UK water reserves still low after hot, dry 2011
The newly-published National Hydrological Monitoring Programme update recaps last year's bizarre UK weather.
It was the second warmest on record across Britain, and there were strange discrepancies in rainfall from place to place - drought in lowland England went alongside Scotland's wettest year since records began.
England now needs substantially above-average rainfall over the next two or three months to bring water reserves back up to comfortable levels.
Stocks in reservoirs rose over the month after desperately-needed rain, particularly in the southeast, but are still below average across much of the south. That's because although upland areas had a stormy month, lower-lying regions were largely untouched, with only average rainfall overall - certainly not enough to relieve the built-up drought stress afflicting many areas.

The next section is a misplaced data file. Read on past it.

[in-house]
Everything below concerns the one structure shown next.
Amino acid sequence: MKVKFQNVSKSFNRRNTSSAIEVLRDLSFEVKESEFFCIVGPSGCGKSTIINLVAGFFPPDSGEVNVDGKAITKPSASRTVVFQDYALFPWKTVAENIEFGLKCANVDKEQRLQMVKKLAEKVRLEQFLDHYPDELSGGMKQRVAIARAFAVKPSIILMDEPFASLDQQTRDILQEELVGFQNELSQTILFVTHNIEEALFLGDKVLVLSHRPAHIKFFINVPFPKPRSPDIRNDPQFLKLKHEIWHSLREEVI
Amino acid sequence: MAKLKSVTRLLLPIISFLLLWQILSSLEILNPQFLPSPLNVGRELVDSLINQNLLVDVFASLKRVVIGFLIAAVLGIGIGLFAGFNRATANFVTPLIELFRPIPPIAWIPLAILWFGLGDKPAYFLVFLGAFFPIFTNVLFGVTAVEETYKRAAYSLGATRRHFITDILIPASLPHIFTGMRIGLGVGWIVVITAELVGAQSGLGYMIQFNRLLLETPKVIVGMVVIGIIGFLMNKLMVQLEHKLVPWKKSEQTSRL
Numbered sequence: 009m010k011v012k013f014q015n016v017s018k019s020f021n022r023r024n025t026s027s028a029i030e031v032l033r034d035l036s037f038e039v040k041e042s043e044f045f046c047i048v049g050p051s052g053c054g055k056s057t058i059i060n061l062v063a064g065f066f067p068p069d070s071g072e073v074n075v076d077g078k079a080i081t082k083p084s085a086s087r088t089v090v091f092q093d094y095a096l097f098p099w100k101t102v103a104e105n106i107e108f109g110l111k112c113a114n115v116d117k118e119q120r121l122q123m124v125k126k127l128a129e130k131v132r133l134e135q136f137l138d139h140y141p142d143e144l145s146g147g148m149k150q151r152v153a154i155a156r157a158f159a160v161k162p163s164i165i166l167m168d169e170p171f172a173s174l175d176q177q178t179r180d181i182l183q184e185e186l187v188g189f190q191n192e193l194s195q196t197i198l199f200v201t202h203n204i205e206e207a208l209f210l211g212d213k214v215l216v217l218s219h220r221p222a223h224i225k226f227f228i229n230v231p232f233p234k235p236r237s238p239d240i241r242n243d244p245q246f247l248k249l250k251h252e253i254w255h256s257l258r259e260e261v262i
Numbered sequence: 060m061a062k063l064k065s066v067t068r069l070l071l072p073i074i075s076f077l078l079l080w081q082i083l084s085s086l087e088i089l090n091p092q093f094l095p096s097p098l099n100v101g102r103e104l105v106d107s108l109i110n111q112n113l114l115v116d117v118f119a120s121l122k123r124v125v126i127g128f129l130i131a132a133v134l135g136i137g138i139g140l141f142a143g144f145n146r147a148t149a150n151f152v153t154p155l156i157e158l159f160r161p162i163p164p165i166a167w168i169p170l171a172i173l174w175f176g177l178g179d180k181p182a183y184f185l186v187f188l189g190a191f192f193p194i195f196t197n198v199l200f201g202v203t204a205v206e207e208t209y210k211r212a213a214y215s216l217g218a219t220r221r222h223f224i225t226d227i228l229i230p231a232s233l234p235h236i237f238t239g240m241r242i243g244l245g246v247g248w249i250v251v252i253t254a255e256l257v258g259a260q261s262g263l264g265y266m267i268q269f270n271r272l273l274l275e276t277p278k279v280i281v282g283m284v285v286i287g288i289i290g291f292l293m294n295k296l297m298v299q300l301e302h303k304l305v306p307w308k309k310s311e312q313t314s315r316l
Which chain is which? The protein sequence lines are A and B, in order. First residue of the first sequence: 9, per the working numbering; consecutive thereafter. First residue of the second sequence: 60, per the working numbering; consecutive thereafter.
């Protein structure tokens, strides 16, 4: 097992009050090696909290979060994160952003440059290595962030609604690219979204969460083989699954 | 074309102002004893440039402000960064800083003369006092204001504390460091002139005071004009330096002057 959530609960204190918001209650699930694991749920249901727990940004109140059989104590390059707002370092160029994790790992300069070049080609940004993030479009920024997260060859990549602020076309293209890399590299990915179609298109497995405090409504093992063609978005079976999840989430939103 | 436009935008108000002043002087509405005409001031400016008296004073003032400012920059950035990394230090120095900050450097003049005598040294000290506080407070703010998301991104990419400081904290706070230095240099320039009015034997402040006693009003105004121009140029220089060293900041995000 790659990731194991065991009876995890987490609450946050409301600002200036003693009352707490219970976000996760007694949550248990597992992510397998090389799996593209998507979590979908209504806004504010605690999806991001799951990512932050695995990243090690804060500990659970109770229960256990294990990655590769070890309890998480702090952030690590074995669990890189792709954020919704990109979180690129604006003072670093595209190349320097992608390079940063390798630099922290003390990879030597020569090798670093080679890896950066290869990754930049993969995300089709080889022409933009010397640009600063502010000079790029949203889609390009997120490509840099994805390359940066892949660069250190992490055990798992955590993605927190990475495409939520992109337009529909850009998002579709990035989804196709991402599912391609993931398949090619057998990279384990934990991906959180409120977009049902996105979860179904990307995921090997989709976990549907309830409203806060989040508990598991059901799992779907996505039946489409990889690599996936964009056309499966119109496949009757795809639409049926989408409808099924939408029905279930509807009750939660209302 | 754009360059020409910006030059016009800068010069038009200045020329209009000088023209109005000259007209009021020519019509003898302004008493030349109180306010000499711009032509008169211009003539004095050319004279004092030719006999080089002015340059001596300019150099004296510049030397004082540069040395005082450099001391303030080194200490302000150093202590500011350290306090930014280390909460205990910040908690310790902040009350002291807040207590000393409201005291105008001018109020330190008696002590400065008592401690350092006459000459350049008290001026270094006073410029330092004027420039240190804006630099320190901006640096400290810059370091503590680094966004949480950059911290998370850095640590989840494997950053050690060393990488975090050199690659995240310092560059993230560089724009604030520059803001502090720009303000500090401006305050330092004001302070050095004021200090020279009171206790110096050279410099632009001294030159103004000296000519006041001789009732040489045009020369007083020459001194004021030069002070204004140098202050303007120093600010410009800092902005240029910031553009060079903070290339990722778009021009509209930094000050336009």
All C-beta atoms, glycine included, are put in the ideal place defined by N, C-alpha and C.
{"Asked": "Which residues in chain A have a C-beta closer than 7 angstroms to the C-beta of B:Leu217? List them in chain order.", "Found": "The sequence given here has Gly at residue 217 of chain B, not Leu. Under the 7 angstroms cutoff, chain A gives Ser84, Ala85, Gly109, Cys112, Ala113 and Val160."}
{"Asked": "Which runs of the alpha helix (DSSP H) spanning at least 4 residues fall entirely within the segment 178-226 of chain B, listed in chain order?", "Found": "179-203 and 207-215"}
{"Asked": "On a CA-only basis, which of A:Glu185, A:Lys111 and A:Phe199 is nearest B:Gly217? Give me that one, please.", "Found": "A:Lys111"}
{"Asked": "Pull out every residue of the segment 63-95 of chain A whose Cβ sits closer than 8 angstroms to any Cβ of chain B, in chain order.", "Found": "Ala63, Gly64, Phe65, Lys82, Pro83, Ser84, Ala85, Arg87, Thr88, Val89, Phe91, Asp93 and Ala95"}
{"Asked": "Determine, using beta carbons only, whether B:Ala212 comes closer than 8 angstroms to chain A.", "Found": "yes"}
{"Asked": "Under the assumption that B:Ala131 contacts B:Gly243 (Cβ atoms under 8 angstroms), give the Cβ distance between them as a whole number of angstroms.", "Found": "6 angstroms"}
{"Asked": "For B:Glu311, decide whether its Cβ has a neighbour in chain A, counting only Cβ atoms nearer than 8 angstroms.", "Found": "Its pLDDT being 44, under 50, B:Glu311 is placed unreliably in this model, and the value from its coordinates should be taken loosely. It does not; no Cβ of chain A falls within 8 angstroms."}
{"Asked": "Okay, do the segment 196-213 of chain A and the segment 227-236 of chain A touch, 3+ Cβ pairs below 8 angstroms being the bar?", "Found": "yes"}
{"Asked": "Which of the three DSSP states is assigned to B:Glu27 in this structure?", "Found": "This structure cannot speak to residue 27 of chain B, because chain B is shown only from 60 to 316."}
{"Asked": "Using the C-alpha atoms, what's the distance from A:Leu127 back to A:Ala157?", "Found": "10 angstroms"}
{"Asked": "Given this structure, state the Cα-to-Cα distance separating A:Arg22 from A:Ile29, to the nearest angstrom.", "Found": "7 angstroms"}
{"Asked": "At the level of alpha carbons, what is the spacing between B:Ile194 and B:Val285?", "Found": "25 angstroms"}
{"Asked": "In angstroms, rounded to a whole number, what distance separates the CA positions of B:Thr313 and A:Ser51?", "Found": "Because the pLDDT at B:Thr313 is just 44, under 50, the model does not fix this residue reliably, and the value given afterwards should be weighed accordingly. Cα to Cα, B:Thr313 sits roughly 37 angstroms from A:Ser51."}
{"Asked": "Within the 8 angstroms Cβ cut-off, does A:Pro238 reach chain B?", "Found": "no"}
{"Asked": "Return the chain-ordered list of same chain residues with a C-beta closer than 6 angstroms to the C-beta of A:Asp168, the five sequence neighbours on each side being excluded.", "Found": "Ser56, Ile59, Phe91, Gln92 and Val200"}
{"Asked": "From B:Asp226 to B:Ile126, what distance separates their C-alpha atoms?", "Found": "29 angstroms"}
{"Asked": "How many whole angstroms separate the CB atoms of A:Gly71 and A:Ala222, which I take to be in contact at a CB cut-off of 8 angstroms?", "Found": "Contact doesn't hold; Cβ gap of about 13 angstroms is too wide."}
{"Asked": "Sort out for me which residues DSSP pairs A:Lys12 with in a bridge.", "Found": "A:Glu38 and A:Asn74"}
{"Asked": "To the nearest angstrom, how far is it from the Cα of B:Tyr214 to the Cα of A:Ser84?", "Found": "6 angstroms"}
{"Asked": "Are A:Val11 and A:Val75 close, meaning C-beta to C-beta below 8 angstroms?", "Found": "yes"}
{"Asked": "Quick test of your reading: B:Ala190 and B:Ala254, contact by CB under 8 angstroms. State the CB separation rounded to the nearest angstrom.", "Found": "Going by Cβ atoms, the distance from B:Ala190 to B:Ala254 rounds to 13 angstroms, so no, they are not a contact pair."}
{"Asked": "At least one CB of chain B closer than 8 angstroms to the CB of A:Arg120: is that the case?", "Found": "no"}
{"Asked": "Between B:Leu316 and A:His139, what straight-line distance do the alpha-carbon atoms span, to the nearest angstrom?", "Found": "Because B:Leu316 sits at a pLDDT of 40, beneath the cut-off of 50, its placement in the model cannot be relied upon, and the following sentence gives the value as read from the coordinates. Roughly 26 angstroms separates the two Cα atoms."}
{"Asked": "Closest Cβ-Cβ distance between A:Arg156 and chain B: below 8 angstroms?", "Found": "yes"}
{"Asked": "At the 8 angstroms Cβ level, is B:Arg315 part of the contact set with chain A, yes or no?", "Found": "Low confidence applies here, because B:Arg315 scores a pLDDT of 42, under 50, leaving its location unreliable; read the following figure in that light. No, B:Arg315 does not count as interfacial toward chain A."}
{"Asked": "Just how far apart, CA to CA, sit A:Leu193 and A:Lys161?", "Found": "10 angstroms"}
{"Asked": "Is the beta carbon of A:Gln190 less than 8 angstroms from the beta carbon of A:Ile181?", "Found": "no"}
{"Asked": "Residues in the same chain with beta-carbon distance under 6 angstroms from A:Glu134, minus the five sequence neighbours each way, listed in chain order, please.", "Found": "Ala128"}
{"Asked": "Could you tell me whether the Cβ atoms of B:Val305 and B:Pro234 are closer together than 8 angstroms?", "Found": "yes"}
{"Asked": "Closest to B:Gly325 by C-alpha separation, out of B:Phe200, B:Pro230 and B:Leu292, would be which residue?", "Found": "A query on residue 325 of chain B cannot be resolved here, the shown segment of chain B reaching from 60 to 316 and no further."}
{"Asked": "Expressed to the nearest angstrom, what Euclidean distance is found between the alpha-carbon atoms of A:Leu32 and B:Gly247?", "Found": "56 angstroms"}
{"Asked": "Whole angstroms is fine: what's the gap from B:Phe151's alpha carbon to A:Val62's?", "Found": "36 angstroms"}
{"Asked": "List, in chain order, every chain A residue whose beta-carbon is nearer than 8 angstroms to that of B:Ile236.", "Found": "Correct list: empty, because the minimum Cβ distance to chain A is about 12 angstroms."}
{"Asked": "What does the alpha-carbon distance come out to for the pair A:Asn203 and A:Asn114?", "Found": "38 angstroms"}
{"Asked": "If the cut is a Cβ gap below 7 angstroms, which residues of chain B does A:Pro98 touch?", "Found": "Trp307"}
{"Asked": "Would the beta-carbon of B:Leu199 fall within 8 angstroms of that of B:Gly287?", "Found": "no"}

Groundwater is also a concern; it's still at unusually low levels across much of southern England and the west midlands, though some of the southern chalk aquifers made a modest recovery in December.
The National Hydrological Monitoring Programme is operated by Centre for Ecology & Hydrology (CEH) and the British Geological Survey.
Posted on 27 January 2012
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